Hilltop Hoods’ Powerful New Interactive Video Is Raising Money For Cancer Charity

“My son Liam was diagnosed with cancer – Leukemia – four years ago,” Dan Smith, aka Pressure from Aussie hip-hop group Hilltop Hoods, tells me. “His chemotherapy took place over a six month period where he was confined to a room. Through the Dark came from my words to him to keep him positive, and keep him strong, and give him a bit of courage.”

Now Hilltop Hoods has teamed up with Google Play Music to create an incredibly powerful and unique interactive film for the song. Sharing a father and son’s journey through two 3D animated worlds, Through the Dark is also helping to raise money for young people living with cancer.

Through the Dark almost didn’t make it on to Walking Under Stars, the Hilltop Hoods’ 2014 album.

“Initially when I wrote the song it was just for Liam, a personal thing I’d written for my son,” Smith says. “Suffa [aka Matt Lambert], my offsider, convinced me to put it on the record”.

The feedback was “overwhelming”, Smith says. “People writing in sharing their stories with us, their similar experiences, and we realised after some time that it was quite special what had been created. It has touched and connected with so many people”.

Sophie Hirst from Google Play Music says that when approaching the band, she wanted to really wanted to co-create something with them, “and we sort of went blue sky, like, what would you guys want to build? What’s important to you?”

“We came to Google with some pretty big demands”, laughs Smith, “‘We want you to build an interactive 3D film clip and start a charity!’”

For every person who listens to Hilltop Hoods’ latest album on Google Play Music via the link at the end of the film, Google and Hilltop Hoods will donate $1 to youth cancer organisation CanTeen, on their behalf.

CanTeen’s CEO Peter Orchard said that the money raised will help fund the development of a new project called Side of Stage, which will give young people affected by cancer special access to live music shows across Australia.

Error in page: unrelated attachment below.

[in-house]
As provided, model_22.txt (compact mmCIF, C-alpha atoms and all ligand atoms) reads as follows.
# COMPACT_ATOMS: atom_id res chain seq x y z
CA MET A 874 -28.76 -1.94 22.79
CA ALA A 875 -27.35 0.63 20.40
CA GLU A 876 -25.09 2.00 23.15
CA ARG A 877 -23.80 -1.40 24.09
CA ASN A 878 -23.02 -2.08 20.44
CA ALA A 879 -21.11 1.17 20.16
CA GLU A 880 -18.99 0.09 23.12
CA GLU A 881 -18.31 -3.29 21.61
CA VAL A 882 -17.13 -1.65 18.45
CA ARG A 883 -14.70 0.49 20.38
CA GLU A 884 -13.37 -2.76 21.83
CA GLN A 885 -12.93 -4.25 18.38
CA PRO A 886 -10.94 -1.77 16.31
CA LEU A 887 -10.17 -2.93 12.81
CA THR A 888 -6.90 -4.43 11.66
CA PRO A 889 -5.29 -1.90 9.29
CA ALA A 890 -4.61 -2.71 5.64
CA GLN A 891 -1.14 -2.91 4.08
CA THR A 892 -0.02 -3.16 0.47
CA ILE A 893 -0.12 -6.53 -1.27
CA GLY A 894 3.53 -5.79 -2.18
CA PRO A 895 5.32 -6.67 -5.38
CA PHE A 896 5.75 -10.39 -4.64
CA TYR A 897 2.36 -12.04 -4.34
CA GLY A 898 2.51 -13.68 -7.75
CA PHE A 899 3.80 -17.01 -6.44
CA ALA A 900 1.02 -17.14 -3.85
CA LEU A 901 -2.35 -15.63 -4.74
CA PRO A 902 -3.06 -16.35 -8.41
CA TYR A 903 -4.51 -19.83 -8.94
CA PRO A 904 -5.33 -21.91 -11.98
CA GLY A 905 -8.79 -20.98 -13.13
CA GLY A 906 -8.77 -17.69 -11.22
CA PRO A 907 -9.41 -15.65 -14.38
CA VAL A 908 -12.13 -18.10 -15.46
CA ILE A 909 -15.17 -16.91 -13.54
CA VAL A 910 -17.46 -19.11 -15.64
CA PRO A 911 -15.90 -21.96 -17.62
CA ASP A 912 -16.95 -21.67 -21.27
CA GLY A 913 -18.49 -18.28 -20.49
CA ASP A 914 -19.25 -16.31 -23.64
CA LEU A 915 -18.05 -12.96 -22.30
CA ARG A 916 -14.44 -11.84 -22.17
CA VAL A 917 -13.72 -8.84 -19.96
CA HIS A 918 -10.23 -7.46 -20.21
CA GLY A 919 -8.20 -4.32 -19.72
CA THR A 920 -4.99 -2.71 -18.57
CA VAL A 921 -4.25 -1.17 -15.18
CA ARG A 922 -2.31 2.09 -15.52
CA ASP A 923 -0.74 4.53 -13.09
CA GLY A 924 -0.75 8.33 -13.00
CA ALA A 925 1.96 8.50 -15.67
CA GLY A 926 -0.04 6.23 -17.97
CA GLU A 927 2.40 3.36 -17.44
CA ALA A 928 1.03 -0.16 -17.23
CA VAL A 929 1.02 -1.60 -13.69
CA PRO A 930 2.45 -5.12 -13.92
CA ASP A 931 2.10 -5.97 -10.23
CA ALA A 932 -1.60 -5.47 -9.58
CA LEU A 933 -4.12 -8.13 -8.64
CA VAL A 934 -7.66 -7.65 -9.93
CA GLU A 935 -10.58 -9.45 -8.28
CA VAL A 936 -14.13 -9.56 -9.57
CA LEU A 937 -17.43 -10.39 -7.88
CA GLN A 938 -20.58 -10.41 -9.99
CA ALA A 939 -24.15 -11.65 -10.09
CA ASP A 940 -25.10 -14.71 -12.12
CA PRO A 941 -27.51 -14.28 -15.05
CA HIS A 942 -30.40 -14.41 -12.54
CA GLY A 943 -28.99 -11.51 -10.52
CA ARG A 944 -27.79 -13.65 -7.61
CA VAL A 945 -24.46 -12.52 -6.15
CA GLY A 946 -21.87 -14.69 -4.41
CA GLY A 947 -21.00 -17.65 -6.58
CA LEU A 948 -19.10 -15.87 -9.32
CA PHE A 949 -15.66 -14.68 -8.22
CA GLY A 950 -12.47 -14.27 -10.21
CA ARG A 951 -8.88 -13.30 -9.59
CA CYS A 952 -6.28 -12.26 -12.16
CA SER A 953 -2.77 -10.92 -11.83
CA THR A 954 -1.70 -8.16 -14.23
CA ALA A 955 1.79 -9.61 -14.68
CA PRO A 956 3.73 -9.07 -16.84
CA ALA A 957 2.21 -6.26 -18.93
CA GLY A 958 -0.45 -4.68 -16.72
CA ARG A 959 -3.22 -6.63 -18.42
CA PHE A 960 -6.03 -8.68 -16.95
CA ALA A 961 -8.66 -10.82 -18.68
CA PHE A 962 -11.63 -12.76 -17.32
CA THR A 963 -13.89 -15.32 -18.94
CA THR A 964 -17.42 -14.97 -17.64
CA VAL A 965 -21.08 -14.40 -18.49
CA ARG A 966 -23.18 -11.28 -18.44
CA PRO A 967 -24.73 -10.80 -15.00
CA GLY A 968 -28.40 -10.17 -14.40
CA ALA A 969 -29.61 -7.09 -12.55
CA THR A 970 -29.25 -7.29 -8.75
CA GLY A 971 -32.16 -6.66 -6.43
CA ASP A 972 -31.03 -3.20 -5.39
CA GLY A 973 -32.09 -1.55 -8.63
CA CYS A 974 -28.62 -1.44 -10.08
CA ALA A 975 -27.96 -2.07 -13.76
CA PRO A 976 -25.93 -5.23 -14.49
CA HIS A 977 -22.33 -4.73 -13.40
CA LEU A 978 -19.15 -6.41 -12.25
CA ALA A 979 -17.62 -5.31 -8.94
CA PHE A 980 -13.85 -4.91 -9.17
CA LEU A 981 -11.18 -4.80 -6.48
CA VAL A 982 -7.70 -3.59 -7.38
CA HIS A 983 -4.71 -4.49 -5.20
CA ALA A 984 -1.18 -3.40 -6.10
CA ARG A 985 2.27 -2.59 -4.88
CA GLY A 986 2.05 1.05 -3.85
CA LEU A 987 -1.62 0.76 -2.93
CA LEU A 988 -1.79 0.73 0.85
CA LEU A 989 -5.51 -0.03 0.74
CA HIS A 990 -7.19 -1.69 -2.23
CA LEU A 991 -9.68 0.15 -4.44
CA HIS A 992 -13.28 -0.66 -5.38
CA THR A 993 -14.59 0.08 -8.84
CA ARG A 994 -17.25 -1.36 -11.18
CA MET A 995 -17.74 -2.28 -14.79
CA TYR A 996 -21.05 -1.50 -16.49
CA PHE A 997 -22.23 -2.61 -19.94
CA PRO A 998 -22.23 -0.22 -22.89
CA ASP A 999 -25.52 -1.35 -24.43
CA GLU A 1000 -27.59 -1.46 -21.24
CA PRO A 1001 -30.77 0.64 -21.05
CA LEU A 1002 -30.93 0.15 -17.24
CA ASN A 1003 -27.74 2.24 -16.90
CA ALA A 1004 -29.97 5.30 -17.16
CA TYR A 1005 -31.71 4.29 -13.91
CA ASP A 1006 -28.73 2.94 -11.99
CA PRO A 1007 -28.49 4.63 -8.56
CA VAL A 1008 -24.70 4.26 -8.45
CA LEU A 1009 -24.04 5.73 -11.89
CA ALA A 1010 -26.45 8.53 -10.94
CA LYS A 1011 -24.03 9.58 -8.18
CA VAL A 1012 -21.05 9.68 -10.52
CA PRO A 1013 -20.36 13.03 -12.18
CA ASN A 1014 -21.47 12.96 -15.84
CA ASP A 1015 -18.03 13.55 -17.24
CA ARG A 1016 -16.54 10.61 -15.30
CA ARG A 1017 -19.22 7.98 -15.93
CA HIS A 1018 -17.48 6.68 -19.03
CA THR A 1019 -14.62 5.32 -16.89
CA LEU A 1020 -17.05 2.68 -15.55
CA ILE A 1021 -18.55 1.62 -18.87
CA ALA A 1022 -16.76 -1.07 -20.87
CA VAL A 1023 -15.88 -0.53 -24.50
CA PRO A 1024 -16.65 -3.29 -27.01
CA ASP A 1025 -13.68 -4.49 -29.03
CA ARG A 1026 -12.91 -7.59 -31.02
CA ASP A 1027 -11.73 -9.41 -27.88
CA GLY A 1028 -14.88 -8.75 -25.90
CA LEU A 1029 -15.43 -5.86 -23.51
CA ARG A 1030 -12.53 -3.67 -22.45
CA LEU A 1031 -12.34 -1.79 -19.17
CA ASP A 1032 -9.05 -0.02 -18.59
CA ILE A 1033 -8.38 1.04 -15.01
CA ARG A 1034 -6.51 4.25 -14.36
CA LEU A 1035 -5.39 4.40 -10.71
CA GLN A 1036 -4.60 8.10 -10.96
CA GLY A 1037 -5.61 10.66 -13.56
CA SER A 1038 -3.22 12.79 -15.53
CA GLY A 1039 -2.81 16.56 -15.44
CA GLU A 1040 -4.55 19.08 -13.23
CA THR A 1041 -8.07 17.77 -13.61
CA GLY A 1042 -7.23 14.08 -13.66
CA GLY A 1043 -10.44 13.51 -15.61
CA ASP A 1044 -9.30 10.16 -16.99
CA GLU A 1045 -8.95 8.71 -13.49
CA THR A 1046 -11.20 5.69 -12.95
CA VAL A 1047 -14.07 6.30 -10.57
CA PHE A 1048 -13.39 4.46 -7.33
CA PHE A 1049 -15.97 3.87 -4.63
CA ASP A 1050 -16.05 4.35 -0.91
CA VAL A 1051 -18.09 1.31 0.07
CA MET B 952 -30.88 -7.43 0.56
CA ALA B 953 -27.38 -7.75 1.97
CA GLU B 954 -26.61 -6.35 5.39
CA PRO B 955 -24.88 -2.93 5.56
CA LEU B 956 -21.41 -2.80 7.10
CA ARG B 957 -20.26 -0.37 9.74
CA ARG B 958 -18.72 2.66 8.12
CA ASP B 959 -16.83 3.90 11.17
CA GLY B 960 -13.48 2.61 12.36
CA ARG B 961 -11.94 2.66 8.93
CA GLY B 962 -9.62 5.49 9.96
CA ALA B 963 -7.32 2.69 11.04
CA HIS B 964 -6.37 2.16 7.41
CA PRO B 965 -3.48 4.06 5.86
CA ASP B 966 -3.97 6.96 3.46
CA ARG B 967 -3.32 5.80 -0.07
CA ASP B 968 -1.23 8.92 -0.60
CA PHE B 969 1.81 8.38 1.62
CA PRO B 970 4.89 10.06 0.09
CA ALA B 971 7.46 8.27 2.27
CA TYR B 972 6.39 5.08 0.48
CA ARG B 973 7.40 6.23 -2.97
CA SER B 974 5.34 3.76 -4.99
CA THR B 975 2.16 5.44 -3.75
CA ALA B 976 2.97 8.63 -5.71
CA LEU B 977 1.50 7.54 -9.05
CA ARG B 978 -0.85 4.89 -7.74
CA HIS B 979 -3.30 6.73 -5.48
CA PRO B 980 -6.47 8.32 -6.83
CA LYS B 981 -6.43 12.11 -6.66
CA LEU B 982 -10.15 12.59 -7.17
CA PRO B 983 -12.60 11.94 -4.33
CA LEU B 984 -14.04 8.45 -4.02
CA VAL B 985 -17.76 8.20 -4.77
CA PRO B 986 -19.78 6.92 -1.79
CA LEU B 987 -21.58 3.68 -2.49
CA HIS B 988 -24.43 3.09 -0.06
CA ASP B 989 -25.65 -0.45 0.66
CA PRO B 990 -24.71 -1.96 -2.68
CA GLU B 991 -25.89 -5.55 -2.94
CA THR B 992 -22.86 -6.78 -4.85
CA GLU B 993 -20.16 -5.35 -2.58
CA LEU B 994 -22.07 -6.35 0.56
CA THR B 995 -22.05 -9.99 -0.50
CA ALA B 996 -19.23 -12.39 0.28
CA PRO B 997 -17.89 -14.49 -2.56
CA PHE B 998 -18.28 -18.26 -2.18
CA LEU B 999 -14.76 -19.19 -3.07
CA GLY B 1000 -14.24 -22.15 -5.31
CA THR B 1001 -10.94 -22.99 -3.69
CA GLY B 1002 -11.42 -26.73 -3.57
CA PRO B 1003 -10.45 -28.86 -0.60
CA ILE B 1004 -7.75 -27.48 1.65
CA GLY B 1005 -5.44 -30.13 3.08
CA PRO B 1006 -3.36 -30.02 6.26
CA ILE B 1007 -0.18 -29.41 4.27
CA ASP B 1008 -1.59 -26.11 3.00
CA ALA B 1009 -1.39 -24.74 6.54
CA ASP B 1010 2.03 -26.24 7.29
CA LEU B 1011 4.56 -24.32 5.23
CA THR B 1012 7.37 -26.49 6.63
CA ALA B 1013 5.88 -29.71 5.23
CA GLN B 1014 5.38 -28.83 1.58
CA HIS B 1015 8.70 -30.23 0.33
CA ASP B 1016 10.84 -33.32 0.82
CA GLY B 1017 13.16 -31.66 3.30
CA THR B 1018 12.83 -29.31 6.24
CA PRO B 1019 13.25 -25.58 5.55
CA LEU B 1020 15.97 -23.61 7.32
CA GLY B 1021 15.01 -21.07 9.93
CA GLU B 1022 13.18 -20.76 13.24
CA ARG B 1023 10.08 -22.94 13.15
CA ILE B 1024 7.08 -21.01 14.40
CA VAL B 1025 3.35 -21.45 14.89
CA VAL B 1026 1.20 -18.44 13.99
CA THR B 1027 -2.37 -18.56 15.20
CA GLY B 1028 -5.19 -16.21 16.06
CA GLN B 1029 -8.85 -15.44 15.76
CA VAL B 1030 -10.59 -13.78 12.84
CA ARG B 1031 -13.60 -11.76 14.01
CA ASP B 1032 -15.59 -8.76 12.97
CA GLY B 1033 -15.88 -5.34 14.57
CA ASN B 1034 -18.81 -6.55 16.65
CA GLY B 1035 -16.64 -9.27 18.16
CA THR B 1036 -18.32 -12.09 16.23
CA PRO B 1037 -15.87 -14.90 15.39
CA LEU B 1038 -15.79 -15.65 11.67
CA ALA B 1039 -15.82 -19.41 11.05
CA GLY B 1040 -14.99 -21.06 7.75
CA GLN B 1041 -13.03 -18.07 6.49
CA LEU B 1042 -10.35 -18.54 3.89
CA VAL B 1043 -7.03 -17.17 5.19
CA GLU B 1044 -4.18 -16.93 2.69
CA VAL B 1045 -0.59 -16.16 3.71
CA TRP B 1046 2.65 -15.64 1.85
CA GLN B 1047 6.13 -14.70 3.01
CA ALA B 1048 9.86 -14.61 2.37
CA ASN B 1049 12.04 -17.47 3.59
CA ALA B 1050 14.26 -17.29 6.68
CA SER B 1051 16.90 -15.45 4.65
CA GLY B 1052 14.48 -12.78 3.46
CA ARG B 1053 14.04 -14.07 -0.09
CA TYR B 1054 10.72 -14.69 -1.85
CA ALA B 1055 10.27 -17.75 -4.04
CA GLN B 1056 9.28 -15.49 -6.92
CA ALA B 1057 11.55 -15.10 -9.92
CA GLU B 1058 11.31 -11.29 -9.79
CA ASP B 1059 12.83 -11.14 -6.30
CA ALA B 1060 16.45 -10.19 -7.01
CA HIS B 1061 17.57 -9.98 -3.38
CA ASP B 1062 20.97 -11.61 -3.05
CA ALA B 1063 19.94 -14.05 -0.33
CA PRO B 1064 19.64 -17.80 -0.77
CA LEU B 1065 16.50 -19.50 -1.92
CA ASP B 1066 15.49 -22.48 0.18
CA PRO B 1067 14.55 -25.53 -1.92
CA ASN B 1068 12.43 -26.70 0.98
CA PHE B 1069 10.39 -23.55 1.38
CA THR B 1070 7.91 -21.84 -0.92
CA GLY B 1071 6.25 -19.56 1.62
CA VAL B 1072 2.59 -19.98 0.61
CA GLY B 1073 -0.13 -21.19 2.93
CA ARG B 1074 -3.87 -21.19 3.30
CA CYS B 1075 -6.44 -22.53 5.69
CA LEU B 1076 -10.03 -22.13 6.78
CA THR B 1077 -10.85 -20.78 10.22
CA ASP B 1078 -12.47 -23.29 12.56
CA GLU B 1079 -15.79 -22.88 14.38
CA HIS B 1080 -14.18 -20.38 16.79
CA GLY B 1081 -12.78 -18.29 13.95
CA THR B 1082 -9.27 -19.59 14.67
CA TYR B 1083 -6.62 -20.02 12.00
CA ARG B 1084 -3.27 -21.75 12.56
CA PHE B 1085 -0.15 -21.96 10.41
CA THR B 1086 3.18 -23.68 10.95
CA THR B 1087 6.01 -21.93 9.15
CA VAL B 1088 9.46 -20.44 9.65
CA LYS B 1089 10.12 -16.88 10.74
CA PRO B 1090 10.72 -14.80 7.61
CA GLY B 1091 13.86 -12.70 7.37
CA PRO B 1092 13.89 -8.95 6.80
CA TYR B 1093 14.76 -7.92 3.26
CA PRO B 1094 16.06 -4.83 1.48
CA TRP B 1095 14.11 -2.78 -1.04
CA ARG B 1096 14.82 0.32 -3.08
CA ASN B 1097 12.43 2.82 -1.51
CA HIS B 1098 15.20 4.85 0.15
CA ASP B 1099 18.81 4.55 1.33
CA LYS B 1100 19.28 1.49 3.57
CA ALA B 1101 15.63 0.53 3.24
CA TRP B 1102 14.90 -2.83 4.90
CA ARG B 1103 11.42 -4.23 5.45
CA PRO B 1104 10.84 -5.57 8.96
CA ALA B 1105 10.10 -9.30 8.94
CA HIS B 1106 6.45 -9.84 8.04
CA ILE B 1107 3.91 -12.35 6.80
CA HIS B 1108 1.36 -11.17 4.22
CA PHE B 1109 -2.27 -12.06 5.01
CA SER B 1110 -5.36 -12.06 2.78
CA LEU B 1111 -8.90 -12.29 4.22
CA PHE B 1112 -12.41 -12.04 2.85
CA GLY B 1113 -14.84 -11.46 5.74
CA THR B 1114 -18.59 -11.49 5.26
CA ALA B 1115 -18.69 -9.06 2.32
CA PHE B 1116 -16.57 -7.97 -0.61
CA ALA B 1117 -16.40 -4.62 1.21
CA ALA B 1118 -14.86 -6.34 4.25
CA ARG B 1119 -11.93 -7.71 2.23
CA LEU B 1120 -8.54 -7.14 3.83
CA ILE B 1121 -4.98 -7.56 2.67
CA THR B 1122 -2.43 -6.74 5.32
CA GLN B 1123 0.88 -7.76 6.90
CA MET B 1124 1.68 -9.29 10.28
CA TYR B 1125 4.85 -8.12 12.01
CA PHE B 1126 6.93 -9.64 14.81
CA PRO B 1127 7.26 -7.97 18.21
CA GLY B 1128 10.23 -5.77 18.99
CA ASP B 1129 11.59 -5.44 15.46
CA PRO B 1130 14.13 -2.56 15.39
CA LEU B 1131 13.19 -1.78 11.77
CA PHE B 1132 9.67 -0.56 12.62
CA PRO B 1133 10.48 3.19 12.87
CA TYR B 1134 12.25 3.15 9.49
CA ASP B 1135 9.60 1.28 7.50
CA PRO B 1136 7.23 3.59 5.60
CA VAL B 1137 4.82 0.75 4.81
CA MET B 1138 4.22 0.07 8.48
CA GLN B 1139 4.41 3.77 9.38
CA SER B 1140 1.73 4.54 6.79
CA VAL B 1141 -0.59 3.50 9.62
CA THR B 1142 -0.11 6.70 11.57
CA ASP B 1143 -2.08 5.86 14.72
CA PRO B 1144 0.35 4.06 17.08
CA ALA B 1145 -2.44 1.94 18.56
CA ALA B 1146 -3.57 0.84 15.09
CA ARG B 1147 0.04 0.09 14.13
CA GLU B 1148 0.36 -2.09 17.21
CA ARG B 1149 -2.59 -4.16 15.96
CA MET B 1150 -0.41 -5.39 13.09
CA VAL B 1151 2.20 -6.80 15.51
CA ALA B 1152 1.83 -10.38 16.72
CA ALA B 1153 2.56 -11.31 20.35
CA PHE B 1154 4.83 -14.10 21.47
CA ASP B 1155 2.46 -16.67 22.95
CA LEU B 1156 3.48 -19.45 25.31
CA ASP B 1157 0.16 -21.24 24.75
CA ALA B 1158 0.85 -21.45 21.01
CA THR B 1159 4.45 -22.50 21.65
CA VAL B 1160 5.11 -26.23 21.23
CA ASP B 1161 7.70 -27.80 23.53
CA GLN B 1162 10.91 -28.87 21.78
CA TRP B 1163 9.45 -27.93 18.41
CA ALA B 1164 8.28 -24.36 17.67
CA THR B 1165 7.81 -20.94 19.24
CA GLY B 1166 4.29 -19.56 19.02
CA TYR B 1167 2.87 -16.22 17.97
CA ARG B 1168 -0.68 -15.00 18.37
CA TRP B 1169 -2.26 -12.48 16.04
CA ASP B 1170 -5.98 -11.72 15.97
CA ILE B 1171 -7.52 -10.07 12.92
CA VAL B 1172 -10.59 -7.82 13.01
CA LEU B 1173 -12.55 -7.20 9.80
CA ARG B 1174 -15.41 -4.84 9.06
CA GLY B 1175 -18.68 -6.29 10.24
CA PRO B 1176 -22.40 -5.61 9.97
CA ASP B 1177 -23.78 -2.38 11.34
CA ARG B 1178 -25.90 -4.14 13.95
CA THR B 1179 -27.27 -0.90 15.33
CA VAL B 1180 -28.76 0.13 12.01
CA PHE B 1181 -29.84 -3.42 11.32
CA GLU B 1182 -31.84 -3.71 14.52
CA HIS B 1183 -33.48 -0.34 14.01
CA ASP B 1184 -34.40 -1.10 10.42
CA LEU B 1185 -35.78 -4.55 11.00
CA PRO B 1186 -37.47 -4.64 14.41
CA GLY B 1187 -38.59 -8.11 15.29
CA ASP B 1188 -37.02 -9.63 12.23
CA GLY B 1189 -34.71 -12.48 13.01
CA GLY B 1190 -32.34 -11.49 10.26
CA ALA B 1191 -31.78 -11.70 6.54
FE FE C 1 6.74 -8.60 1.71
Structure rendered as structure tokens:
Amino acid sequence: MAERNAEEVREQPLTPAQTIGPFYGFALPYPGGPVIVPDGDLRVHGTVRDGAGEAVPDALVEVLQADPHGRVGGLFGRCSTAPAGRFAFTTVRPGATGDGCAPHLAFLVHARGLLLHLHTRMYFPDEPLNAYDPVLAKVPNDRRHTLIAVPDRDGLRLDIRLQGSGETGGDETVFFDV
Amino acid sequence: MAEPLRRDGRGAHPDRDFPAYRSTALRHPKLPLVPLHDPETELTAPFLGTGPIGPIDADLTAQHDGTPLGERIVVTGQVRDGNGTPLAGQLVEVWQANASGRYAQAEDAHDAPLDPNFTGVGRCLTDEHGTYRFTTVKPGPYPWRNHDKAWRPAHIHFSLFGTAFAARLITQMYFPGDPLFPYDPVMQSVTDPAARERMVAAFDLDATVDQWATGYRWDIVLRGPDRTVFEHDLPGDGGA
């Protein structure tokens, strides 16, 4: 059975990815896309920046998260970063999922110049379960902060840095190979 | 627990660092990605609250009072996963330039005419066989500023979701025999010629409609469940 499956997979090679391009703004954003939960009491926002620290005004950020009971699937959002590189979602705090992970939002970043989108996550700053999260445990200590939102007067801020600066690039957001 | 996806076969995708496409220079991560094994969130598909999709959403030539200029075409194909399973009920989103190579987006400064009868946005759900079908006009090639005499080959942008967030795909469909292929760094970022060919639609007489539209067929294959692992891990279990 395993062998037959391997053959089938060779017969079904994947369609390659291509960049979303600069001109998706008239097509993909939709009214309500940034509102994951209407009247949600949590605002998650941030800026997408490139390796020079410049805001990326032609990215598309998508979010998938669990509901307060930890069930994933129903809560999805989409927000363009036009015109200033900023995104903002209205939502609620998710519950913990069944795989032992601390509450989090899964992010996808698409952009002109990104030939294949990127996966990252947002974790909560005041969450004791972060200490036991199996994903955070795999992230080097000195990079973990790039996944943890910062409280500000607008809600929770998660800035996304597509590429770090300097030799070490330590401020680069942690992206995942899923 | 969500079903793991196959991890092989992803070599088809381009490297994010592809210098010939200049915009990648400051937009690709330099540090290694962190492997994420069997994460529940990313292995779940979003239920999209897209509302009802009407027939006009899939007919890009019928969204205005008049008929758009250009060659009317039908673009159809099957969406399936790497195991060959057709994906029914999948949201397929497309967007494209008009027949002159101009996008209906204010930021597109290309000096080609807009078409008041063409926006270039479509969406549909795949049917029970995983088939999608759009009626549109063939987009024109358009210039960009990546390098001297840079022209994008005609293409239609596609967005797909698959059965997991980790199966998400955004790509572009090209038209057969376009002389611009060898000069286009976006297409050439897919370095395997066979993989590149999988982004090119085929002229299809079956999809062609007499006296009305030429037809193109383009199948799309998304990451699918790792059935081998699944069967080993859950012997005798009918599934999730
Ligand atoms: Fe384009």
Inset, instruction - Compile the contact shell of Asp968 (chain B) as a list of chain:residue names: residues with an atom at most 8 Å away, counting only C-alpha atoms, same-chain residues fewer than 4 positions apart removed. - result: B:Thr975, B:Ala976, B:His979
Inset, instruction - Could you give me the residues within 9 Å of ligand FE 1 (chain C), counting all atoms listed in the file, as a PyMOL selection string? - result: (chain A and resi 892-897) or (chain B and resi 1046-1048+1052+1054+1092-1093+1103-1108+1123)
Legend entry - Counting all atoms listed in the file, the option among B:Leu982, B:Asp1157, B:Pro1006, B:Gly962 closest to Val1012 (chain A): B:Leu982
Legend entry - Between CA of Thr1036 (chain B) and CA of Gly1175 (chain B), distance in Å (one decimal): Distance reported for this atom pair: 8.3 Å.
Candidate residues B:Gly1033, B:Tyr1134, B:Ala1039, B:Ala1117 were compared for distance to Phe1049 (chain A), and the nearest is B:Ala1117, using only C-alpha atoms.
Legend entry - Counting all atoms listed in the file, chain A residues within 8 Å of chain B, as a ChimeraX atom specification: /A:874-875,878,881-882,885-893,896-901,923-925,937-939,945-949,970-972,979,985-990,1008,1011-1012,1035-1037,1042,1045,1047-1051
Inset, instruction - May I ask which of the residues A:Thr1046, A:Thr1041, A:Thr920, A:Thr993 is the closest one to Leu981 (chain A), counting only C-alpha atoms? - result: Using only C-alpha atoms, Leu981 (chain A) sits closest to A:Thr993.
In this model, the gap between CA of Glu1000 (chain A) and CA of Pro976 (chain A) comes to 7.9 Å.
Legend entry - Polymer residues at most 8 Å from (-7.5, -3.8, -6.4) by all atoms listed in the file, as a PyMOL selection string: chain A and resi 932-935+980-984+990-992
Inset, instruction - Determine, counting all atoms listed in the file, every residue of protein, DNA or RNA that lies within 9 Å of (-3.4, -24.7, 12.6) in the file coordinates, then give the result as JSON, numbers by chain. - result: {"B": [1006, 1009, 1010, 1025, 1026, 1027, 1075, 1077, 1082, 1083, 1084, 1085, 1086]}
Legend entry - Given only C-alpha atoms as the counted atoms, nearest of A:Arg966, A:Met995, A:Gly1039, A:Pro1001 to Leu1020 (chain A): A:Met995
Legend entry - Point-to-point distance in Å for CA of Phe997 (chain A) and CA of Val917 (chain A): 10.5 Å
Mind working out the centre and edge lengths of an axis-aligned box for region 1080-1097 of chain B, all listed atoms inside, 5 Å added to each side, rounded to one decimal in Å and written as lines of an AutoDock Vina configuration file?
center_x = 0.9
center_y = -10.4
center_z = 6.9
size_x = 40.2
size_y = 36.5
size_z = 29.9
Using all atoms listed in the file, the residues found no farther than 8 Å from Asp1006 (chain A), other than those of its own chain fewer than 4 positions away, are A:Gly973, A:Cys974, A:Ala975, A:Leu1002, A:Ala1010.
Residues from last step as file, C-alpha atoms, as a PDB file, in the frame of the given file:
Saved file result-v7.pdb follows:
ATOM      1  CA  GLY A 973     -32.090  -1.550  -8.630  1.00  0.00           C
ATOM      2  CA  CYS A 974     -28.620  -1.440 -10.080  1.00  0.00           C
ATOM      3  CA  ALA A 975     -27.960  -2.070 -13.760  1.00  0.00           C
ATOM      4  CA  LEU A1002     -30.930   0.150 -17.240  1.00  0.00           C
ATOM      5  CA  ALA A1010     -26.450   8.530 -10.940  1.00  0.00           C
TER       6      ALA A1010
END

“Every year, another 23,000 young people have their world turned upside down by cancer. They often feel incredibly isolated and many miss out on fun experiences like seeing live music that should be part of a carefree adolescence,” Orchard said.

“Music is also widely used as a therapeutic tool for adolescents and young adults affected by cancer as it can help to improve anxiety, mood, and pain.”

As you watch the Through the Dark, you can tilt and rotate your phone to navigate through the “dark” (fear) and “light” hope) worlds. It also works on desktop, controlling it with your trackpad or mouse.

Behind the scenes, this film is made entirely of code. Using 3D cameras mapped to the phone’s accelerometer, the film uses mobile technology combined with 3D modelling and animation to capture the sense of a world turned upside down.

You can watch Through the Dark here on any desktop and hi-spec Android phones (they need to be newer models since the film is in-browser and uses a fair bit of RAM).

And make sure you have some tissues handy – this is a moving piece of music – and don’t say I didn’t warn you.

“Cancer is something that affects us all at some point in our lives, whether a personal struggle or someone close to us,” Smith said. “Through a collaboration of music and technology we seek to empower and give strength to the suffering, and our listeners can do the same by donating generously.”

If you’re a musician and want join CanTeen’s Side of Stage initiative, you can register your interest here.

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